Breed Spotlight: The Great Dane
Updated: Jun 28
The Great Dane is an easygoing breed, most notably referred to as the "Apollo of Dogs," they are a joy to be around. Though their size may intimidate most dog owners due their imposing weight and strength, the commitment is takes to care for these giant breeds takes is not as hard as many think.
The Great Dane, stands at a length of 32 inches at the shoulder, towering over most other dogs. Even standing on their hing legs, they tend to be taller than most people! But these powerful breeds are by far the very picture of elegance and grace with the careful stride of a born nobleman. Their coats come in different shades and colors, some come in patterns as well. The most well-known Great Dane, may be the black-and white patchwork pattern known as the "Harlequin" seen commonly amongst this breed along with the iconic cookie brown shade, reminiscent of Scooby-Doo. Despite their gentle nature, Danes tend to make great home guardians for protecting the home, they're patient with kids, and are ginormous people pleasers, making friends easier.
During the year, the Great Dane's short coat doesn't shed much, but don't think you won't be dealing with a bit of shedding, given their size, they can still discard a fair amount of hair. Weekly brushing with a medium-bristle brush,a rubber grooming mitt, or a hound glove are good items to keep when removing shedding. During shedding season, at least once or twice a year, hair loss will be more profuse, with daily brushing. Great Danes require a bath only occasionally unless they're around messy things a lot. As with most if not all breeds, the Dane's nails should be trimmed and regularly. As their nails can cause the dog pain as well as walking and running problems.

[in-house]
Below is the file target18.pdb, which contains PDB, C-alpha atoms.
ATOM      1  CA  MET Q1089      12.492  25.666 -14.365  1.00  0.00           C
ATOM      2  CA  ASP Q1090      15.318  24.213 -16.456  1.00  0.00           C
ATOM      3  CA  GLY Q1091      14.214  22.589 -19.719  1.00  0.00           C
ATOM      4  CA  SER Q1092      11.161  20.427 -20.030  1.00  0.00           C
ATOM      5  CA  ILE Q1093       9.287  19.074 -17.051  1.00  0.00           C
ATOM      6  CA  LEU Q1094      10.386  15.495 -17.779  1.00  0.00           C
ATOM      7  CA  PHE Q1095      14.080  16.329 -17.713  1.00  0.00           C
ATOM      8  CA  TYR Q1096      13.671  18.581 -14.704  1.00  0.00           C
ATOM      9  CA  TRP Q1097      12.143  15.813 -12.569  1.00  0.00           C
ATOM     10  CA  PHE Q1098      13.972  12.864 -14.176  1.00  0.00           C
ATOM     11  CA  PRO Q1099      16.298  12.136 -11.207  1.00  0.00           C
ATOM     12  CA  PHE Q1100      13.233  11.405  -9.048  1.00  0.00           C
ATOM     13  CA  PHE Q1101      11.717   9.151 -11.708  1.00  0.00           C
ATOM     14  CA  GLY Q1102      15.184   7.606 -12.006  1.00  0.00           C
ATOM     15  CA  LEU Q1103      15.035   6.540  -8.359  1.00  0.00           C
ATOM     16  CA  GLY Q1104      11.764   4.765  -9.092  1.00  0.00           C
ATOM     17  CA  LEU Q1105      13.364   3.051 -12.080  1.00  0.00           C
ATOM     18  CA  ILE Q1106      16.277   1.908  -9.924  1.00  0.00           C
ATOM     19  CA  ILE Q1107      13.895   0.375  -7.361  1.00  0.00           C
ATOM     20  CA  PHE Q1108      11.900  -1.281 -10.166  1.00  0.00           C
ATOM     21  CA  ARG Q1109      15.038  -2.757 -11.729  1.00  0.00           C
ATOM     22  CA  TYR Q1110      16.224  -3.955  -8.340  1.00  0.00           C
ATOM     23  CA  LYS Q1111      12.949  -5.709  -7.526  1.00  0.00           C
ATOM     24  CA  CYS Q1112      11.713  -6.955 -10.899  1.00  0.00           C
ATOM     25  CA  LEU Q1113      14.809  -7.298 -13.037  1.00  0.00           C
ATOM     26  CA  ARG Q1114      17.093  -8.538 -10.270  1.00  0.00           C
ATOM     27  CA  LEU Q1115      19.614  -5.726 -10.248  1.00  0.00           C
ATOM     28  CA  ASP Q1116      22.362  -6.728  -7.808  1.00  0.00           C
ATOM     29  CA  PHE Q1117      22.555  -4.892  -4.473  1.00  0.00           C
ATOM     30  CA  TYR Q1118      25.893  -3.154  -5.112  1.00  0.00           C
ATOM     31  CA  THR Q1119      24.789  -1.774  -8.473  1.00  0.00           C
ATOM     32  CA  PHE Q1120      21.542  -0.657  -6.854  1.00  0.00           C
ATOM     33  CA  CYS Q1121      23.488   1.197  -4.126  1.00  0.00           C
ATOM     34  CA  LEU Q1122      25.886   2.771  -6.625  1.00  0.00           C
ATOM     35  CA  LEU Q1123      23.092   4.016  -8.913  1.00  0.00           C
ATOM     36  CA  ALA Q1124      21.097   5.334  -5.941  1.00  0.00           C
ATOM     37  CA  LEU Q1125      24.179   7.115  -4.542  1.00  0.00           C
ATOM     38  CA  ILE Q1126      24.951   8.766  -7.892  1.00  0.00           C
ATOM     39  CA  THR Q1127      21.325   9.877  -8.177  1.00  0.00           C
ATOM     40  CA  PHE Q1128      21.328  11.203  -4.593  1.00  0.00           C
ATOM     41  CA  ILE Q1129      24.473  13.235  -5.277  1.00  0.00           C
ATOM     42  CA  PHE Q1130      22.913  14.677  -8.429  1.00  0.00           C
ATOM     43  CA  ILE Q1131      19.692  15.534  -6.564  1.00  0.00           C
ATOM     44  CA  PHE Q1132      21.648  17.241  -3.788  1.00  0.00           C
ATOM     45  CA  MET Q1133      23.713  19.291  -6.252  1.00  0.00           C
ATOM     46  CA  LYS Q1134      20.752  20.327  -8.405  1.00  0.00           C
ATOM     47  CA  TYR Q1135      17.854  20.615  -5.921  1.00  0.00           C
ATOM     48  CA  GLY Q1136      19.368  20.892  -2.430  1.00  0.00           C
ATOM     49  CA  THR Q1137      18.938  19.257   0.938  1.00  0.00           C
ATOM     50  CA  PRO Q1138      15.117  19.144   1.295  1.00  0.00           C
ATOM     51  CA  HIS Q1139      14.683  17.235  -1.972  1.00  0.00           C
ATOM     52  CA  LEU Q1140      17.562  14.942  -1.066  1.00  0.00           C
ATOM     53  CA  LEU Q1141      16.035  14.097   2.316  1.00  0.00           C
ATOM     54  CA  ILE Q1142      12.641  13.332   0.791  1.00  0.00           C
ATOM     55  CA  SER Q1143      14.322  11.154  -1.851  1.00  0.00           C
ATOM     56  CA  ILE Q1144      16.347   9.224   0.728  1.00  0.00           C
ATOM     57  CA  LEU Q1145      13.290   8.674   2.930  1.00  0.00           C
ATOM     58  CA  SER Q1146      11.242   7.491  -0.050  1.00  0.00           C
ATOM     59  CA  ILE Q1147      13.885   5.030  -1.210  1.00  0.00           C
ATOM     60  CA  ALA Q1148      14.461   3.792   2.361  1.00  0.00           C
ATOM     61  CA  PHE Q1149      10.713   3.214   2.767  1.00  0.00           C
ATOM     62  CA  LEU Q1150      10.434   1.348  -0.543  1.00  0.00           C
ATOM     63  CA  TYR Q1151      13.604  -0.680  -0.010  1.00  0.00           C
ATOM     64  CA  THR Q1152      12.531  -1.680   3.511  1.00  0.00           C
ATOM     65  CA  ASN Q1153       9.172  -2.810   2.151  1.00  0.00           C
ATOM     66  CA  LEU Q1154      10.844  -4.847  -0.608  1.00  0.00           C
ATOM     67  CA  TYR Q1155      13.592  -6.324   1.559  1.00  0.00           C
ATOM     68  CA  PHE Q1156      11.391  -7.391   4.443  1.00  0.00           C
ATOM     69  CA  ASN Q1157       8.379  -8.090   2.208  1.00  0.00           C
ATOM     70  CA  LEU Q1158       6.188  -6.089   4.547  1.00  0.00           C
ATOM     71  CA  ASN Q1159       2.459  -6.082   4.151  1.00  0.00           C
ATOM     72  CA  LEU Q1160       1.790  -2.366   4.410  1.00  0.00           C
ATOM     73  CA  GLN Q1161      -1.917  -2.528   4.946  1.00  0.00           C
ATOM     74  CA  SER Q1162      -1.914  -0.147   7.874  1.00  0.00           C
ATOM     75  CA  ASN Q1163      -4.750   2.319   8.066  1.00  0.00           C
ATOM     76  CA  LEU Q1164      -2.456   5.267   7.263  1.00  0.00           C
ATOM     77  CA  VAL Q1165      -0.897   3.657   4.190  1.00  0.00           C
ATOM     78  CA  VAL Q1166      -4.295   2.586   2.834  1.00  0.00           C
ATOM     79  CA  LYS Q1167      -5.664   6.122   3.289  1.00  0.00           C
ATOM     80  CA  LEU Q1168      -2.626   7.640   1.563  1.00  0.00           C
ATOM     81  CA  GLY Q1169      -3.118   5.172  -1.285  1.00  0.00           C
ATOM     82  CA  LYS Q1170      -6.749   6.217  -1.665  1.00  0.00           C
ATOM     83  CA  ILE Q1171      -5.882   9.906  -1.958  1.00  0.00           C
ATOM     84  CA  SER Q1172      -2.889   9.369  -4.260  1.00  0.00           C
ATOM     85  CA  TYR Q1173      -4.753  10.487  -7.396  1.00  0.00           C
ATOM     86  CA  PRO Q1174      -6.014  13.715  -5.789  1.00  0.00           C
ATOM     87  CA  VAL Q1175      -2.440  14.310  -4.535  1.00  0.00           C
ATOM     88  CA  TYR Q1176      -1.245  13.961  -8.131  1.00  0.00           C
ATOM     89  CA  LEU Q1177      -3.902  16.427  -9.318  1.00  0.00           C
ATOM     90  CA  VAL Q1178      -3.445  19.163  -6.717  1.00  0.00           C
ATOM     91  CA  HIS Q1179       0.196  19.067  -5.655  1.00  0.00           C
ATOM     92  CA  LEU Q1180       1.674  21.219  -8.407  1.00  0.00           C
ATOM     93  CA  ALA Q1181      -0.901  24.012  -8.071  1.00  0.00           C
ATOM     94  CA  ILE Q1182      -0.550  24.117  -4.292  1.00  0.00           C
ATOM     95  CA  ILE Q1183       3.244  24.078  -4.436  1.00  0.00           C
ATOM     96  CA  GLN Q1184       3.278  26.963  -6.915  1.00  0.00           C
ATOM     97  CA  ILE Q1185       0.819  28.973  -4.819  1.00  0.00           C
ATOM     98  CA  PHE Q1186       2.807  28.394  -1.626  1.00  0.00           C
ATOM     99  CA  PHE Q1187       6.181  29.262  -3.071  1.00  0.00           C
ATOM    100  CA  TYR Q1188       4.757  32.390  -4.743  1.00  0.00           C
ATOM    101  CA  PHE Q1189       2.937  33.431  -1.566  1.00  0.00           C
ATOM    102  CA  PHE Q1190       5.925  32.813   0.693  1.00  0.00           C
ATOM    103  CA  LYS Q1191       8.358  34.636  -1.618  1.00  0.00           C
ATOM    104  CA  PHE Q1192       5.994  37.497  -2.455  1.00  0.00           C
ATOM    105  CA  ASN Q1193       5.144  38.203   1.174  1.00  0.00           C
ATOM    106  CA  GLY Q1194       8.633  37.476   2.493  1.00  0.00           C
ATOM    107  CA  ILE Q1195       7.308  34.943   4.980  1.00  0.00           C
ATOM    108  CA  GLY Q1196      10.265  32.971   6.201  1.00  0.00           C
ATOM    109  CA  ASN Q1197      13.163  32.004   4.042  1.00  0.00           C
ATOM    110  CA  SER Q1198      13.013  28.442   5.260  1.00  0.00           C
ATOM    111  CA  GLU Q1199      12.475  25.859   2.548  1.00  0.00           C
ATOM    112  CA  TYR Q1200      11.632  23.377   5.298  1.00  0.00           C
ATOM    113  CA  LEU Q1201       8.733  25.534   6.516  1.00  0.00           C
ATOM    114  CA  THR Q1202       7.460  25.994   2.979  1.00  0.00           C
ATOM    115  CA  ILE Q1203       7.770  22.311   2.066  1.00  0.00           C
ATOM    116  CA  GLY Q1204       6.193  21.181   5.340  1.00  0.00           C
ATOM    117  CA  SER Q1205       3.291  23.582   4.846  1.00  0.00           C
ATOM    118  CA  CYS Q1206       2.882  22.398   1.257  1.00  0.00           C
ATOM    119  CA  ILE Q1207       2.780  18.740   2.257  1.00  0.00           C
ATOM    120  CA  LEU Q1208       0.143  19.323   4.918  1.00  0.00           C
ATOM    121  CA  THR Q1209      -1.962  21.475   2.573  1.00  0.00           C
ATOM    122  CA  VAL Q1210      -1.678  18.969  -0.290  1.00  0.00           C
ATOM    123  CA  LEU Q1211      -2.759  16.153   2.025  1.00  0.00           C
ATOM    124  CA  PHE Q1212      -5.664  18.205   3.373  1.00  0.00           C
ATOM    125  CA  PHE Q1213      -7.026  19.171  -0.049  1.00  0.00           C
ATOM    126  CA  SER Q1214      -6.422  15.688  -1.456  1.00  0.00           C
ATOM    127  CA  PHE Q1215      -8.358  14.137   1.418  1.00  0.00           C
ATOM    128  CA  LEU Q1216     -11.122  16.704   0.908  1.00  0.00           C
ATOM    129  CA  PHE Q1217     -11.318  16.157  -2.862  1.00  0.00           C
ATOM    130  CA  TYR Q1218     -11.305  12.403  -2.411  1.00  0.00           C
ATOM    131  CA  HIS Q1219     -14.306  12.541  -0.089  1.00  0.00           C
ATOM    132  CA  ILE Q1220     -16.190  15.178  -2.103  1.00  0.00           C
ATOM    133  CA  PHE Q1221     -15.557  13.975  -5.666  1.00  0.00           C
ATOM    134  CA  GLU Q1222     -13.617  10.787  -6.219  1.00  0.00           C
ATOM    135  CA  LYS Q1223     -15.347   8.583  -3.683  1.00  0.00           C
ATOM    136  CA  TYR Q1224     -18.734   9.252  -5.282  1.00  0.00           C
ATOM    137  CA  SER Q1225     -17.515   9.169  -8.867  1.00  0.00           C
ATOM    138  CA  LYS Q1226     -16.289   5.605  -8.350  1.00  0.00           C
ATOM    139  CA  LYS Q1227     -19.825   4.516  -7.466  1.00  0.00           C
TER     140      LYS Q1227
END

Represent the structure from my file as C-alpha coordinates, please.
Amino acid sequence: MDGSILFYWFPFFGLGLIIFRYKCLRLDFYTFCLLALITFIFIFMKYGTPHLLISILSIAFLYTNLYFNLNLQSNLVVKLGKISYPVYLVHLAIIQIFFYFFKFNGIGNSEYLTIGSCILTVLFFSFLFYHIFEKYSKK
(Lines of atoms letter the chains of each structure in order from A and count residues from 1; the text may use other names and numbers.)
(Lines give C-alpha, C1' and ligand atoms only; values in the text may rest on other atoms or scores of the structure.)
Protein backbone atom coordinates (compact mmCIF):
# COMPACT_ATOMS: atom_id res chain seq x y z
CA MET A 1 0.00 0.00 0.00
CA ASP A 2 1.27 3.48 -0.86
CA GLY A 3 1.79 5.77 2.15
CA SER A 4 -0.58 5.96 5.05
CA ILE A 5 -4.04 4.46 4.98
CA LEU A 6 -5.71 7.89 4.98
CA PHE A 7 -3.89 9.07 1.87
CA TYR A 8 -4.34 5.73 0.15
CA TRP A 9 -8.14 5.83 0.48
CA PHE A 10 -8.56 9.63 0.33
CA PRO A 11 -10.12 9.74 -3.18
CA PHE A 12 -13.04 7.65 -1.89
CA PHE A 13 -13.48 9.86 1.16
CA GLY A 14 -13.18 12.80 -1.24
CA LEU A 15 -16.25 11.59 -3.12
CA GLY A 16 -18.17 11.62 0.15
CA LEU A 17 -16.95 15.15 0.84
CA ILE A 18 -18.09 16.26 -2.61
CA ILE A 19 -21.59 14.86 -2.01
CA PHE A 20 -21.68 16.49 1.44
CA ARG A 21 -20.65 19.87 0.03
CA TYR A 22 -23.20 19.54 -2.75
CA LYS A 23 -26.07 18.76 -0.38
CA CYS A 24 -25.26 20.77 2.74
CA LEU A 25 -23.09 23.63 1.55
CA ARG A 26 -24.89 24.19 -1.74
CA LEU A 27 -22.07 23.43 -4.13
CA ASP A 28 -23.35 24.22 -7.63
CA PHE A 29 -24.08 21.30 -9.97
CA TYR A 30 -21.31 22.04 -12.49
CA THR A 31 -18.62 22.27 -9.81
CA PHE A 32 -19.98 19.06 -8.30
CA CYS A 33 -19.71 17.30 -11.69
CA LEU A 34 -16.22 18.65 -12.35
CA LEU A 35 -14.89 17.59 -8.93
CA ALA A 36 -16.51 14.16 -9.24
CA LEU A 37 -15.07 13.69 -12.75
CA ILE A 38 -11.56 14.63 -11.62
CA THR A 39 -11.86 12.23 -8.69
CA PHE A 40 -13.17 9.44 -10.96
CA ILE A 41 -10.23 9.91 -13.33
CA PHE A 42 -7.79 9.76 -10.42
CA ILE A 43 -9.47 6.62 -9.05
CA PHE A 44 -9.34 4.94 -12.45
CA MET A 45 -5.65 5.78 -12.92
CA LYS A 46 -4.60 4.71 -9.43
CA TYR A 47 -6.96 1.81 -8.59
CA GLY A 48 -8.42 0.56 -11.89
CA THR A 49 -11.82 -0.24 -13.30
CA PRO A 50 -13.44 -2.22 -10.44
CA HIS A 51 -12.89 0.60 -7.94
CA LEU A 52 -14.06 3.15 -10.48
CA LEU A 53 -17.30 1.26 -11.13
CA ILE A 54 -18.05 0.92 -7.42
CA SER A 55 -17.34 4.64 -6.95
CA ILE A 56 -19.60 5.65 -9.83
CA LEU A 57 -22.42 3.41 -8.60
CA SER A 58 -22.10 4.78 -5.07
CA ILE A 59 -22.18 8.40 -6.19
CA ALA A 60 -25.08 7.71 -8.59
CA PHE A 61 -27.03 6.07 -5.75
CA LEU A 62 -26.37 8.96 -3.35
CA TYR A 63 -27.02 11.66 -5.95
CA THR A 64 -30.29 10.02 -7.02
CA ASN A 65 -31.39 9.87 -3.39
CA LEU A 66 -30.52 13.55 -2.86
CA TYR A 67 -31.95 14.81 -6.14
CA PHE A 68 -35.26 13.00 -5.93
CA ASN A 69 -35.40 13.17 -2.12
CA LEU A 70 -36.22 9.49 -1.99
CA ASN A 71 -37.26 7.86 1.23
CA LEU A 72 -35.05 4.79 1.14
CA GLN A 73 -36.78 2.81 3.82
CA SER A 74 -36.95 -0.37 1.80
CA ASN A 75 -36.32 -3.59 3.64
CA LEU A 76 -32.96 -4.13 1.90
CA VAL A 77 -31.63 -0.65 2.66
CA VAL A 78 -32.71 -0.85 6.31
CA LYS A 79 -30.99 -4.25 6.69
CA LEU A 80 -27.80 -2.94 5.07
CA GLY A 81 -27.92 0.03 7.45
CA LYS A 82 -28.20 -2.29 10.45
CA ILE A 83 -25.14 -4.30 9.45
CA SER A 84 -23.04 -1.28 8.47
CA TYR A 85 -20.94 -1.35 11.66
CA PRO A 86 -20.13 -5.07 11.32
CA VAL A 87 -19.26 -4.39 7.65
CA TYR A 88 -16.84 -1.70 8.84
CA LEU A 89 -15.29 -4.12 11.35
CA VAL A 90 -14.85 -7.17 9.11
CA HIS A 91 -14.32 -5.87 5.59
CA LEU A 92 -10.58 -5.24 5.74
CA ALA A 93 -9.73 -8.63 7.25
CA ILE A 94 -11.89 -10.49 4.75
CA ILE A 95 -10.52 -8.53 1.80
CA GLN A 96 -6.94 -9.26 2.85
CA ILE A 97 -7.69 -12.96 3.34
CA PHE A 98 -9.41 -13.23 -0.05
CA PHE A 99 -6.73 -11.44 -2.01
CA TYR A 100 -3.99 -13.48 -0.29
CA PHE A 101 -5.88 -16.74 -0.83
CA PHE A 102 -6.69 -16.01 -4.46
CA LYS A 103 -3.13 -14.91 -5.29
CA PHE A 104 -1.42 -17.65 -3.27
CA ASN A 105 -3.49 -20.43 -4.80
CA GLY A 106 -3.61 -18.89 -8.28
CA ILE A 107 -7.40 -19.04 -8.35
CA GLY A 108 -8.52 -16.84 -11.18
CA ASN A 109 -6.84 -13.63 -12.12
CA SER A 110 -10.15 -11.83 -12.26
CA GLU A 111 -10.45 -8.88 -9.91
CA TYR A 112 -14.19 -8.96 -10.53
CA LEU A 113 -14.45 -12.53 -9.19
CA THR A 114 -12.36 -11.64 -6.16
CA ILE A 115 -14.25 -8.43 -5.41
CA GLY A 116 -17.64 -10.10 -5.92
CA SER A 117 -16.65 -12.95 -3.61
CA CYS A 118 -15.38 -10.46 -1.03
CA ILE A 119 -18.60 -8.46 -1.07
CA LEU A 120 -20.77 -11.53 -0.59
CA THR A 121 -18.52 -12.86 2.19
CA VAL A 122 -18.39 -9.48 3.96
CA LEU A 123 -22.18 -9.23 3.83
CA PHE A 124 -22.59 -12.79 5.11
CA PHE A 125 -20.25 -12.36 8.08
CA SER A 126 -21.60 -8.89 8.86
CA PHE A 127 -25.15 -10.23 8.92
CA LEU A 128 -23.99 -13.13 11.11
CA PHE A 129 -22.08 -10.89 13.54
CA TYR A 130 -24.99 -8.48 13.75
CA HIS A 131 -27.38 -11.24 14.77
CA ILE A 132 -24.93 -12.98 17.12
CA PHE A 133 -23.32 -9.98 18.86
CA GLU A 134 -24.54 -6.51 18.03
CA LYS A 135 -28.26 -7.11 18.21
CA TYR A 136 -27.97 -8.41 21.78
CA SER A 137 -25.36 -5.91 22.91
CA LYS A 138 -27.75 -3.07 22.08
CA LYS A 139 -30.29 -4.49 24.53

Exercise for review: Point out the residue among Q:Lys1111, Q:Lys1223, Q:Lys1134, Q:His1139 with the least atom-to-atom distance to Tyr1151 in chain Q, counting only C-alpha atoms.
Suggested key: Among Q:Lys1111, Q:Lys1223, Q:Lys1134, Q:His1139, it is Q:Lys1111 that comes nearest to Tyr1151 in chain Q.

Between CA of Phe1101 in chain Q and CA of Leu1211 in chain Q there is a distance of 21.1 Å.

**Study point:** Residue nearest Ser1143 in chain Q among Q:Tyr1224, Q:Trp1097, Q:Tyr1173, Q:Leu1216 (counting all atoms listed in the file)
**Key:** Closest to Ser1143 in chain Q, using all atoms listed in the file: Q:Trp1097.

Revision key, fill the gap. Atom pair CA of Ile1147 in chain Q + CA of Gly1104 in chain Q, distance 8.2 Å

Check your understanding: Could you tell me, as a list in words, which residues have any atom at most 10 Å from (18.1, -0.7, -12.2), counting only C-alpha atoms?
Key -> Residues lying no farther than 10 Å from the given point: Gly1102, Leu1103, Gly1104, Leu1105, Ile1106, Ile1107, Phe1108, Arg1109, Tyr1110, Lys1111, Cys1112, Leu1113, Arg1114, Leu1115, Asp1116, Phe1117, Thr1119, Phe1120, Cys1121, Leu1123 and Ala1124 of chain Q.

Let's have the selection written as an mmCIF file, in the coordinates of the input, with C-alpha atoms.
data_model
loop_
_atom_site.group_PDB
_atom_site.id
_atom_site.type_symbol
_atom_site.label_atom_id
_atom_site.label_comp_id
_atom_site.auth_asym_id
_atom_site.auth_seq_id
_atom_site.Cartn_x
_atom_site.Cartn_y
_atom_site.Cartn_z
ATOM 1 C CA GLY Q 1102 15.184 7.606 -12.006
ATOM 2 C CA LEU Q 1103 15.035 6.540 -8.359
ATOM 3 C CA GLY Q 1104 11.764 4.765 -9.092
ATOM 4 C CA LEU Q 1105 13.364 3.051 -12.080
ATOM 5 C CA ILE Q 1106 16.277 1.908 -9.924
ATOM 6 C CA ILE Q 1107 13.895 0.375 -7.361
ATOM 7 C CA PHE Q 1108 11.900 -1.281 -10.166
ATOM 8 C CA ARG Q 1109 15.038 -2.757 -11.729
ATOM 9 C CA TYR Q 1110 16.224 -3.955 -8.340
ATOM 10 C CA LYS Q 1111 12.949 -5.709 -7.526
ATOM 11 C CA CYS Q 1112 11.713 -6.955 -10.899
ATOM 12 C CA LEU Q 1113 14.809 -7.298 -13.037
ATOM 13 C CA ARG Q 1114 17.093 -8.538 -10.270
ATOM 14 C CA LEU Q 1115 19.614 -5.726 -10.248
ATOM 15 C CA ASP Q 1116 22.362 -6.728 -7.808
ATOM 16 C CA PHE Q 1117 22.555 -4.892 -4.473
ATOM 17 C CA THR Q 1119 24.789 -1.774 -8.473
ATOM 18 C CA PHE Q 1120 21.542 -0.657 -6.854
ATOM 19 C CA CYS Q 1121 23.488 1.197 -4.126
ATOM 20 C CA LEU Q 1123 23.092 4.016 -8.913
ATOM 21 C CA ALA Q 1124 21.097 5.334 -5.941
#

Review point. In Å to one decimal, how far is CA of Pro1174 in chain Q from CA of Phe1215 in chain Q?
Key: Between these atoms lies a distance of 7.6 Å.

The Great Dane should be fed high-quality dog food that's appropriate for the dog's age. If you're going to feed them table scarps, do so sparingly, and avoid cooked bones and foods with high fat content. Learn about what human foods are safe for them to eat, and take the time to avoid those that aren't. Owners of this breed must also be aware of bloating, the number one killer for Danes, where the stomach distends and twists. The causes are not well researched, but vets and experts agree that multiple small meals per day and no exercise on a daily basis around mealtimes can help to reduce the chances of dealing with this.
While these dogs may seem languid, they still require daily exercise appropriate for their age. Taking them on walks two or even three times a day can be enough. If you're a jogger or enjoy a good outside hike, these dogs makes for good exercise partners. But it's best to wait until the dog is at least 2 years old to avoid damaging their joints. Because of the risk of bloating, try to avoid rigorous exercise around mealtimes. Danes tend to follow their noses, so they should always be kept on a leash and only allowed loose when in areas secured with tall fences. They love to play in agility, obedience, tracking events, weight pulls, and sports such as flyball.